God came into the world to be with us—he suffered, died, and was buried. Like David, we are prone to ask, “What are humans that you are mindful of them, mere mortals that you care for them?” (Psalm 8:5). We are called then to perpetually adore our Lord by the way we live, expecting to receive the same treatment he endured. If we would be more like Jesus in these things, our reward will not be found in this dying world, but in heaven (Matthew 5:12).
Desmond Drummer is an archdiocesan seminarian studying at Mundelein Seminary in Illinois.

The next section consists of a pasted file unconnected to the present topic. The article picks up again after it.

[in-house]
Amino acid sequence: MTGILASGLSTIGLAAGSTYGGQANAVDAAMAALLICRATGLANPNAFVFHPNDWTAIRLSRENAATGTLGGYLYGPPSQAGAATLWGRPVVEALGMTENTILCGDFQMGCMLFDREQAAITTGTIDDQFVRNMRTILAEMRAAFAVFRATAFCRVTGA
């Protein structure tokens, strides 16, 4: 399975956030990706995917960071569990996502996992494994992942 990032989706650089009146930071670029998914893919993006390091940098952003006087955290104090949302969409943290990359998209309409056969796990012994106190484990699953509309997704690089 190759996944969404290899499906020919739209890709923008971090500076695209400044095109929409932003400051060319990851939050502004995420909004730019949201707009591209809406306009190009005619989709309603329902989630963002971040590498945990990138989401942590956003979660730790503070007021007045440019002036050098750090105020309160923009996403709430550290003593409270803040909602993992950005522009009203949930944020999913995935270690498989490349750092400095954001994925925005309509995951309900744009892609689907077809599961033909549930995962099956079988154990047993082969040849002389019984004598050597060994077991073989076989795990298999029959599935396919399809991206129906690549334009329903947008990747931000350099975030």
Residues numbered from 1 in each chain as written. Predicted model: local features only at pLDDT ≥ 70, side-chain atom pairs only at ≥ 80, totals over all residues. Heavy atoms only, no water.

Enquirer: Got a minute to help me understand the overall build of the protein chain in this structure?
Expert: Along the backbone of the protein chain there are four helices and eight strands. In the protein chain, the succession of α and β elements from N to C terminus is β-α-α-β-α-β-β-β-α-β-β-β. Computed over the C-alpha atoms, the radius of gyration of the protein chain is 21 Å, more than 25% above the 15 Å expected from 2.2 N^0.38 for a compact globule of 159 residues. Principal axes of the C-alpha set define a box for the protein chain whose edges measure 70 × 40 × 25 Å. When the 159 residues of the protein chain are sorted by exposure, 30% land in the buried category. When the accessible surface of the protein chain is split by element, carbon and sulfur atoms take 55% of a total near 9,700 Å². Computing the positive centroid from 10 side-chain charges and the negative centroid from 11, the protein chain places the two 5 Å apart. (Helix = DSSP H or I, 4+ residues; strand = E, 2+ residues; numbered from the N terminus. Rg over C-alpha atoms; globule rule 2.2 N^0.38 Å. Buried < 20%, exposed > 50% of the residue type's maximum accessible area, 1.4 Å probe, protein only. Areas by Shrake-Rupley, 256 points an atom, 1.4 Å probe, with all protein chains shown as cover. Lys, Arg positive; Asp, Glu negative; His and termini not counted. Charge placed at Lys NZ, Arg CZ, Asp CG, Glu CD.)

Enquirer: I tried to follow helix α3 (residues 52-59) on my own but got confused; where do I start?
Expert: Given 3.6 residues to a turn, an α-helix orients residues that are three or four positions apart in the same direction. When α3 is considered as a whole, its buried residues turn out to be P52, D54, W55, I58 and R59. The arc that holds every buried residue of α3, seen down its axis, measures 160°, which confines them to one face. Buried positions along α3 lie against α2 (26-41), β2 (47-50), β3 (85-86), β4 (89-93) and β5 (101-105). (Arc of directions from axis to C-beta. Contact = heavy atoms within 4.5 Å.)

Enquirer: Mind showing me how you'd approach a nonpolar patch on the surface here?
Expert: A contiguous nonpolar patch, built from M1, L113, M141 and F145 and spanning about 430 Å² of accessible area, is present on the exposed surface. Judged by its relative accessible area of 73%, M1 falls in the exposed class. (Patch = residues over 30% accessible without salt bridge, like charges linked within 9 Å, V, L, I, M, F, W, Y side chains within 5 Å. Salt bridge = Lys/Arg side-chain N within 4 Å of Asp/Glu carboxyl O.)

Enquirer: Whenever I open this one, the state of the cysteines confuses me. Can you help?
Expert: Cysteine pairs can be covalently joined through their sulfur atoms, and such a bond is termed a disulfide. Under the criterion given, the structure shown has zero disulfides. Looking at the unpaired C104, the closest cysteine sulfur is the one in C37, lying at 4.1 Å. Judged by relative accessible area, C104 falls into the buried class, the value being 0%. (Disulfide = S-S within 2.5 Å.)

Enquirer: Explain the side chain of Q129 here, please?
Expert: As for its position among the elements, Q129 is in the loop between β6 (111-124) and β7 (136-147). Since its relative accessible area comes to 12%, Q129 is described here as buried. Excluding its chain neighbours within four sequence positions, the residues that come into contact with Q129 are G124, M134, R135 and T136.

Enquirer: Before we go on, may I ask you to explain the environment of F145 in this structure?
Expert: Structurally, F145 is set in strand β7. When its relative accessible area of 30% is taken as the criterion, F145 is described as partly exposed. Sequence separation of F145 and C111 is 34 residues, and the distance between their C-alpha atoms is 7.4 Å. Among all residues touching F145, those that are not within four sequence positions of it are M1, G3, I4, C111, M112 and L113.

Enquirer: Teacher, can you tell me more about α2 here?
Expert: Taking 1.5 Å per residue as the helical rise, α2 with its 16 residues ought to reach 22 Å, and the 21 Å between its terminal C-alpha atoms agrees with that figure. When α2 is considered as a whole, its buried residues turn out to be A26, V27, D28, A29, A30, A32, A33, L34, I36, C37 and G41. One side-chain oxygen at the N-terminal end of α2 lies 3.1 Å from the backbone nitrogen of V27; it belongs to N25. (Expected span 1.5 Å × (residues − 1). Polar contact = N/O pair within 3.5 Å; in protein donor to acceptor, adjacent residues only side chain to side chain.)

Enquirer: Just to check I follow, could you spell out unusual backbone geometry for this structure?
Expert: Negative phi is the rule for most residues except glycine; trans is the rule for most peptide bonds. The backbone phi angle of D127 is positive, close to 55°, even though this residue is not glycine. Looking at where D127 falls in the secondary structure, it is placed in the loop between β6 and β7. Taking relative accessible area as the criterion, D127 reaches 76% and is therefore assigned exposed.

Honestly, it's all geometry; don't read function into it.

Stations I-IV were photographed at St. Mark Church, Clarkesville. The stations are the work of artist Nancy Haizlett.
Stations V-VIII were photographed at St. Gabriel Church, Fayetteville. The 60-year-old Italian mosaic stations came from King Richard’s Religious Artifacts, Alpharetta.
Stations IX-XII were photographed at Our Lady of the Mountains Church, Jasper. The stations were made with narra wood by third-generation woodcarver Teddy Calma in Pampanga, a province of the Philippines.
Stations XIII and XIV were photographed at Church of the Good Shepherd, Cumming.